One strategy Gilbertson shares with other girls is to use "power words" that make them feel better about themselves.
"My three words are 'courage,' 'character' and 'confidence.' When I feel nervous, when I feel I don't look pretty, I tell myself that and I feel better. It's just one aspect of building up your self-esteem," she said.
Gilbertson, the daughter of Marianna and Troy Gilbertson, formerly belonged to a Girl Scout troop but became a Juliette, or individually registered member, as a sophomore to pursue her own interests.
Scouting is a tradition in her family; her great-grandmother, grandmother and mother also joined. "I am a lifetime member, meaning I am a registered Girl Scout for the rest of my life," said Gilbertson, who plans to volunteer with the organization.
Staying involved in the leadership development organization can be a challenge for busy high school students. Gilbertson also participated in forensics, equestrian team, cheerleading, theater, band, art club, Japanese club and National Honor Society.
The large majority who stay in Scouting through high school become lifetime members, Radke said. "Girl Scouts is ingrained into who you are so you want to give back."
Indeed, Gilbertson, a Scout for 12 years, said, "I knew I had a bigger part in my community than just being a student."
Before venturing for the Gold, she earned the Silver Award and other awards and badges. Her Silver project involved her troop collecting food for the Eau Claire County Humane Association through a fashion show fundraiser.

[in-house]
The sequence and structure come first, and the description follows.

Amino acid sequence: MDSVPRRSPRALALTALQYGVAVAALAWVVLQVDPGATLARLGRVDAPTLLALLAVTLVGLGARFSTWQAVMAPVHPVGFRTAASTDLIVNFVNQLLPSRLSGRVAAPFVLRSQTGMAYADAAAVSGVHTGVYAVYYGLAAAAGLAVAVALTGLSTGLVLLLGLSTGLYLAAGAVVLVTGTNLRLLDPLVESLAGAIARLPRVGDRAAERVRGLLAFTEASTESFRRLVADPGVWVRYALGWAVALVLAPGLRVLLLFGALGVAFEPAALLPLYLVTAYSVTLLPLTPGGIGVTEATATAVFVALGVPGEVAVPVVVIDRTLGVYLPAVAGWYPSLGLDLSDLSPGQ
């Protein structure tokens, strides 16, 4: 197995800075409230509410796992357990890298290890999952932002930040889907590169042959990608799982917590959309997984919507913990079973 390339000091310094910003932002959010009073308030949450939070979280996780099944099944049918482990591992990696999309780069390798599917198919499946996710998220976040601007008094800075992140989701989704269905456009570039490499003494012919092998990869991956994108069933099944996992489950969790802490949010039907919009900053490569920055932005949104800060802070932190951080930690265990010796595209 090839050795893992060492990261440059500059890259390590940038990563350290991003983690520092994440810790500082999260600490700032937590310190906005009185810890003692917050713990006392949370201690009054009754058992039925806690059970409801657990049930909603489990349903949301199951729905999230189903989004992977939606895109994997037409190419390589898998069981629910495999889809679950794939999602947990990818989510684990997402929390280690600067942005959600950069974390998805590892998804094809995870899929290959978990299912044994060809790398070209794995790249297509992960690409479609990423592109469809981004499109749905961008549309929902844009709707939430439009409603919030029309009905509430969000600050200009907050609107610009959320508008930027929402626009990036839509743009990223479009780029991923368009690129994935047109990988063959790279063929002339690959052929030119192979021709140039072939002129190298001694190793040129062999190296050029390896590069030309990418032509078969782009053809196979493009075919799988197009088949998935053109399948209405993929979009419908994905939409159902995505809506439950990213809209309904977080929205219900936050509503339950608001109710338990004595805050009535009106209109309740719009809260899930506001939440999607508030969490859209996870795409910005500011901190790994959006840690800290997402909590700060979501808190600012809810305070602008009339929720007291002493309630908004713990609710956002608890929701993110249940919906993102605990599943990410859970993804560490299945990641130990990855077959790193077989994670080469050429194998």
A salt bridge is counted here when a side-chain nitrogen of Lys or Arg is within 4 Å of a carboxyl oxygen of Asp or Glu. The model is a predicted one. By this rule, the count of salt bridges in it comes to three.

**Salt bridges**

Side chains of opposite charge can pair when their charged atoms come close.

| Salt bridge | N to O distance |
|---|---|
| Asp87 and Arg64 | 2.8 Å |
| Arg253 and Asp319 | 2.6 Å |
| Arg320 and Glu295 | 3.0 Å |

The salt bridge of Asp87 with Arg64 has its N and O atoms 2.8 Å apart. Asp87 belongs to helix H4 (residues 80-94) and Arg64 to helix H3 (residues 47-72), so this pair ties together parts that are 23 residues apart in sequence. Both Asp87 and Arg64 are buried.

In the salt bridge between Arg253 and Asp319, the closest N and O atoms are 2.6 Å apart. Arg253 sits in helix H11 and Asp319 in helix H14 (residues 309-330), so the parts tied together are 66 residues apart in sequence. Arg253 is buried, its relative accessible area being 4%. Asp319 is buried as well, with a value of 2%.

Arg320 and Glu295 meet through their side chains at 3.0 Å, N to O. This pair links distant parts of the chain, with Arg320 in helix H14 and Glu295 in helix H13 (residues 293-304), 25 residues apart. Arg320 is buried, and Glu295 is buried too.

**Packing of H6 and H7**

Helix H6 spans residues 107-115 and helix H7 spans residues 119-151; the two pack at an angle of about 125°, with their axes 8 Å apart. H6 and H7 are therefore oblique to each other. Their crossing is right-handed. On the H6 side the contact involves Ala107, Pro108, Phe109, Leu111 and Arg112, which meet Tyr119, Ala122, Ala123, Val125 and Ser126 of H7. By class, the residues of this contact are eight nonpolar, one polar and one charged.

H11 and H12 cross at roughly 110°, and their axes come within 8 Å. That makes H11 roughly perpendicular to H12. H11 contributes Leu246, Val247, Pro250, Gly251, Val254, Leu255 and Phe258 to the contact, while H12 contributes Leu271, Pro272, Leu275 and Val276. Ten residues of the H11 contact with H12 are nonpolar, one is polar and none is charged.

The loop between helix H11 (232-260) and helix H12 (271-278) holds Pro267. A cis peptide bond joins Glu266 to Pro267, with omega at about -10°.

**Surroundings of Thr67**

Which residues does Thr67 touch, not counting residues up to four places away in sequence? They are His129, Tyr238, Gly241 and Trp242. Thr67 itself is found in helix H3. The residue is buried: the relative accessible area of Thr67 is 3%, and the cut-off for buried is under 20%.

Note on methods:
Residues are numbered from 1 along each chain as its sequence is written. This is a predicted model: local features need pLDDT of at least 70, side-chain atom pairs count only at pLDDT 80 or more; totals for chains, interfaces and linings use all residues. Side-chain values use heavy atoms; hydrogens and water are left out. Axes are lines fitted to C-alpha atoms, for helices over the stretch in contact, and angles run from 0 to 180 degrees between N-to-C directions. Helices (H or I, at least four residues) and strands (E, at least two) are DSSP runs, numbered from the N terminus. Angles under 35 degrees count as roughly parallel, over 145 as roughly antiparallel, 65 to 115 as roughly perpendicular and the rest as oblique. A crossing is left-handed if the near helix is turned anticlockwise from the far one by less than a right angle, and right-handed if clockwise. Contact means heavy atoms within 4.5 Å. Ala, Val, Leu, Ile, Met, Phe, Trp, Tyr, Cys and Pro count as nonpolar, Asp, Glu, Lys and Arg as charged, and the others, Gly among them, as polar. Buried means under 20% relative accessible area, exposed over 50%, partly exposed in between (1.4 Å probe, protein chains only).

Gilbertson, assisted by other high school students, organized a "Free 2 Be Me" event for eighth-grade girls this past April at DeLong Middle School.
The girls discussed friendship, peer pressure, body image, media messages and what they could expect once they started high school. Gilbertson's goal was to inspire girls to try and be good role models and help raise each other's self-esteem.
"I do believe positive role models are an important part of young girls' lives ... someone to tell you that you can dream bigger," she said.
Girls can be their "own worst enemy," she said.
"At 15, you think popularity is everything. The hardest thing to get through to girls is that beauty is not something perceived by other people," she said.
Instead, beauty springs from talent, personality and many other things besides appearance, she said.
Gilbertson, who plans to become a teacher, also encouraged the girls to find a trusted adult they can talk to about their concerns. Her family, along with Girl Scout mentors, gave her support.
Sometimes girls think they have nowhere else to turn but to peers trying to bring them down, she said, adding she gave the DeLong group her contact information if they needed a confidante.
She has a Facebook group for girls and plans to continue "Free 2 Be Me" presentations.
Gilbertson offered a final word of advice to girls: "Look at yourself and find a way to be happy with who you are as a person. You should never let anyone change the way you are."
Girl Scouts still turning out leaders